Today was my second lesson on Jack and he’s really stolen my heart. He’s a gentle, strong, strong-headed mount and he suits me to a t. Here’s the description from Sun Pony Ranch:
Jack is level-headed and easy-going as long as he is with other horses. However, he is insecure when away from the herd and needs a rider with confidence to help instill it in him when riding alone. He does need someone who can give clear and strong commands with their aids because he is easily confused and unwilling to do what might be the wrong thing. When he is out of his comfort zone, he can be headstrong and difficult to ride. Jack is not a natural jumper and is still learning to do low jumps. On the ground he is very sweet and easy to work with except sometimes he will test his handler with picking his hooves.
He’s a great teaching horse. Near the end of the lesson, we were to trot through the obstacle course. Jack knew I was tired and my head was not in the game. He was fine through the obstacle course…at a walk. I could not get him to trot, no matter what I tried. Which was fine for both of us. Next week I’ll be more focused and we’ll take it at a full trot.
In other W4DS news, LFern ran an idea by me that has me excited and as we go along, if we decide to pursue it, I’ll keep you informed, it could be fun.
Also starting this week, I think I’m going to take my posts back to some basics because I’m feeling, with the questions I’ve been fielding, we could all be stronger in them. More on that tomorrow. Until then…
Here’s a truly western version of macaroni and cheese. A version like this was served at the Colorado Governor’s Inaugural Dinner last year – although I’m sure it had only premium ingredients.
I used canned chilies, pickled jalapeno (my fave anyway) and a tomatillo salsa. For real Green Chili, try IndiLibs, it sounds amazing.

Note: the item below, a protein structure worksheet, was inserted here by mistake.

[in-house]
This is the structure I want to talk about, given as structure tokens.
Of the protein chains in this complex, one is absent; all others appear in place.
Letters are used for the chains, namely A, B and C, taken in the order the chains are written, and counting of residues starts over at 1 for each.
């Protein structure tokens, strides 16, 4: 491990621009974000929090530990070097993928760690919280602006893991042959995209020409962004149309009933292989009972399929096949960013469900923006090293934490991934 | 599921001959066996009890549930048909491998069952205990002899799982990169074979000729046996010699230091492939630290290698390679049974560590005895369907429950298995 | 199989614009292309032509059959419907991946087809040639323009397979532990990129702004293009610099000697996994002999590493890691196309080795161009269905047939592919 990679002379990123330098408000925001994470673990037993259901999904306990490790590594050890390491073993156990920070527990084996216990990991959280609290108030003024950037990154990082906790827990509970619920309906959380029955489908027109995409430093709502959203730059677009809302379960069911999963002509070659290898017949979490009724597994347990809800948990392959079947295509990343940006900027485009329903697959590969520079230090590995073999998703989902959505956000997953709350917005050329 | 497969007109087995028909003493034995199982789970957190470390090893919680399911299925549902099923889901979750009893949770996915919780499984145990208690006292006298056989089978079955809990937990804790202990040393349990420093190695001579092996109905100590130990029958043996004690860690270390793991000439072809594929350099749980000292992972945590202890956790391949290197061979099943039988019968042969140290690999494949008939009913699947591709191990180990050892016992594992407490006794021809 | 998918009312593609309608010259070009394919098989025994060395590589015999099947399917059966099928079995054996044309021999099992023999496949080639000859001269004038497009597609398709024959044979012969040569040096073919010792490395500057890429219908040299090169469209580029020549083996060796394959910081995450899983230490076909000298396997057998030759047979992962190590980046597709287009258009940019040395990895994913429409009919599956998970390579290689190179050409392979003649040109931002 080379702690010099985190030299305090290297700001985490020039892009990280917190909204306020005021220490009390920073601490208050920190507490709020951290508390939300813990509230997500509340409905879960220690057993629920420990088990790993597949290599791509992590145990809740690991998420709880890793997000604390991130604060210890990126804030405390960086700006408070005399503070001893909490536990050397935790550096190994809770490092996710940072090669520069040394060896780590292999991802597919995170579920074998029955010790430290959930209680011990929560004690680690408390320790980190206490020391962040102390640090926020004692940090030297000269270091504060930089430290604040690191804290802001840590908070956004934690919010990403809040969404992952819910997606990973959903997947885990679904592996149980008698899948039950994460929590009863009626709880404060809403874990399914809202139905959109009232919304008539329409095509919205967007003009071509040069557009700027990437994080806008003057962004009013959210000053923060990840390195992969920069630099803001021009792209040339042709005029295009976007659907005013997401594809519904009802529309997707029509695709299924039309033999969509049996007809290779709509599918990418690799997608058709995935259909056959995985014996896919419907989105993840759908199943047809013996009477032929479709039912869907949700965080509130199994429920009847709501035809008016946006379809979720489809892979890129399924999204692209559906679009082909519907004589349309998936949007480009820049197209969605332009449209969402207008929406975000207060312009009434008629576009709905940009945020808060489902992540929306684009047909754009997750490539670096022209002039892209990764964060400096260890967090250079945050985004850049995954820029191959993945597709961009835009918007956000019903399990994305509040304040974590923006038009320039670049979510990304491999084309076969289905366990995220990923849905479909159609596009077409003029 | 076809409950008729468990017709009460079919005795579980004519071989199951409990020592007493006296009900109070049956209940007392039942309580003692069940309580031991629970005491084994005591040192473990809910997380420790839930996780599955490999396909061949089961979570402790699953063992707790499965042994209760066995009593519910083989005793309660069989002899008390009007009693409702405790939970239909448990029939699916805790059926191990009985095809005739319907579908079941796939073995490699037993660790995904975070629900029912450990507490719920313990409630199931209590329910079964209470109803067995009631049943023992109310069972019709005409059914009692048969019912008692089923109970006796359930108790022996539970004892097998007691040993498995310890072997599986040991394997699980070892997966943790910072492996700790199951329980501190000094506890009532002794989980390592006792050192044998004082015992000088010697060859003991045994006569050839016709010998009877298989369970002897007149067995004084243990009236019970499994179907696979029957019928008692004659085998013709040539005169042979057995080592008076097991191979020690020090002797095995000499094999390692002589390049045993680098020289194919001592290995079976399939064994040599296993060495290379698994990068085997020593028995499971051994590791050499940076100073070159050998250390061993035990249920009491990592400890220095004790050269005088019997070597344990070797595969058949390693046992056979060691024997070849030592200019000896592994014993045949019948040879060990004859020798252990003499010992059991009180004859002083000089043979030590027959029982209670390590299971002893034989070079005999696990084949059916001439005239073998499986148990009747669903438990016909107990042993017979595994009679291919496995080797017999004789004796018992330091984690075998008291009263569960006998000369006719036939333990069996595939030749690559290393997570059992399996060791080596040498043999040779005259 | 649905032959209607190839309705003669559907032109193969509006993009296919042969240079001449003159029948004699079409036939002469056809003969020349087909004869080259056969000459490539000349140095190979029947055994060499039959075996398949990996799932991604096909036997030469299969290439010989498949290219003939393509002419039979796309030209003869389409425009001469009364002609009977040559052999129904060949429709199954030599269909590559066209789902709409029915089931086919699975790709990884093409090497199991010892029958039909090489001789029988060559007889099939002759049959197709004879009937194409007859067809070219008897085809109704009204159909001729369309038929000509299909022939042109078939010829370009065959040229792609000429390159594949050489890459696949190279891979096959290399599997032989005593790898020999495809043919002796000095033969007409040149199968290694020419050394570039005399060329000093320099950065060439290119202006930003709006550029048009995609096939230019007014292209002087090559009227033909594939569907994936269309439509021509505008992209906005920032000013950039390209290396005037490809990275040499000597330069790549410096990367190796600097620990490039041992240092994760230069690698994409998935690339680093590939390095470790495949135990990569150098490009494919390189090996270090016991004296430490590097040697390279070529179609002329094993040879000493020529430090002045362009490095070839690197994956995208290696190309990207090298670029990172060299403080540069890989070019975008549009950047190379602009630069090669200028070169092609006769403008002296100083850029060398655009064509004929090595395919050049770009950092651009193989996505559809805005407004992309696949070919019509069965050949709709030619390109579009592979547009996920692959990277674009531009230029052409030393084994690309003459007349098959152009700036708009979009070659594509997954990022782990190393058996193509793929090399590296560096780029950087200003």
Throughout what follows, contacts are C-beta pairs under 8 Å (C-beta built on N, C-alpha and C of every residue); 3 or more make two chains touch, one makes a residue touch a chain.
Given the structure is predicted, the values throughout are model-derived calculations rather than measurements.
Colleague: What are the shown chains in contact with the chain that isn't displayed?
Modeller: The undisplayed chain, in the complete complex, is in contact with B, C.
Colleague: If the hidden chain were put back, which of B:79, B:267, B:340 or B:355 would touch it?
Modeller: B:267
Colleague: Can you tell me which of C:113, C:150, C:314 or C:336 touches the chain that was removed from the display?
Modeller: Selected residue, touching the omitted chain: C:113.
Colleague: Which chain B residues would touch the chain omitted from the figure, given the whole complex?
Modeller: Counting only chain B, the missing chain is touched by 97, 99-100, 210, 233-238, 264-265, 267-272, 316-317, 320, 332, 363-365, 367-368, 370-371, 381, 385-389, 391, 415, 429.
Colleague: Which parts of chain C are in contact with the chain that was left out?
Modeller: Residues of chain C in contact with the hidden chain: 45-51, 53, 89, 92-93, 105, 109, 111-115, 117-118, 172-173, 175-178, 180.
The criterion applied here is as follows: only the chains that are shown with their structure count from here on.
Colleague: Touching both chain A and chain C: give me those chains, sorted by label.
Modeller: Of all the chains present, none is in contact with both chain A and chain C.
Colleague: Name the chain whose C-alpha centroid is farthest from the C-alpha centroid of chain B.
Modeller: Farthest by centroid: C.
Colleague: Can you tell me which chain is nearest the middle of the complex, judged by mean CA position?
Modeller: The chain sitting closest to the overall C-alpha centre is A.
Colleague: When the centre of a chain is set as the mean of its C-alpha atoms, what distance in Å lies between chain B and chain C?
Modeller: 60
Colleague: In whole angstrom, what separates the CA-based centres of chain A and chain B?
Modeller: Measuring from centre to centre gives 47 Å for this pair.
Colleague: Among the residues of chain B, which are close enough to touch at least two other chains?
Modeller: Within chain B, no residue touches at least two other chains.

Green Chili Macaroni and Cheese
- 8 ounces dry elbow macaroni, cooked and drained
- 4 tablespoons butter
- 4 tablespoons flour
- 2 1/2 cups milk
- 1/2 cup green salsa verde (tomatillo salsa)
- 4 ounce can mild chopped green chile peppers
- 1 tbsp (or more) finely chopped pickled jalapeno peppers
- 8 ounces sharp Cheddar cheese, about 2 cups
- 4 oz hot pepper Jack cheese
- Salt and pepper, to taste
2 qt baking dish, oiled and saucepan
In a saucepan over medium heat, melt the 4 tablespoons of butter. Stir in flour until well blended and bubbly. Gradually add the milk, stirring constantly. Cook, stirring constantly, until thickened. Stir in salsa, chile peppers, and 6 oz of cheddar and all of the Jack cheese. Cook, stirring, until cheese is melted. Add salt and pepper. Combine with the drained macaroni; spoon into the prepared baking dish. Spread remaining cheddar cheese over the top of the baking dish.
Bake for 25 minutes at 350 degrees until cheese bubbly and top is lightly browned.
We were amused, seeing this picture last month, that Jack had learned his lesson about approaching skunks and being all barky.
Reviewing last night’s take from the feedercam we were gobsmacked.
It looks as if Jack and the skunk have reached an understanding. We are hoping that news of this detente is transmitted throughout the land, until every skunk in the county knows that Jack is, if not a real pal, also not a threat.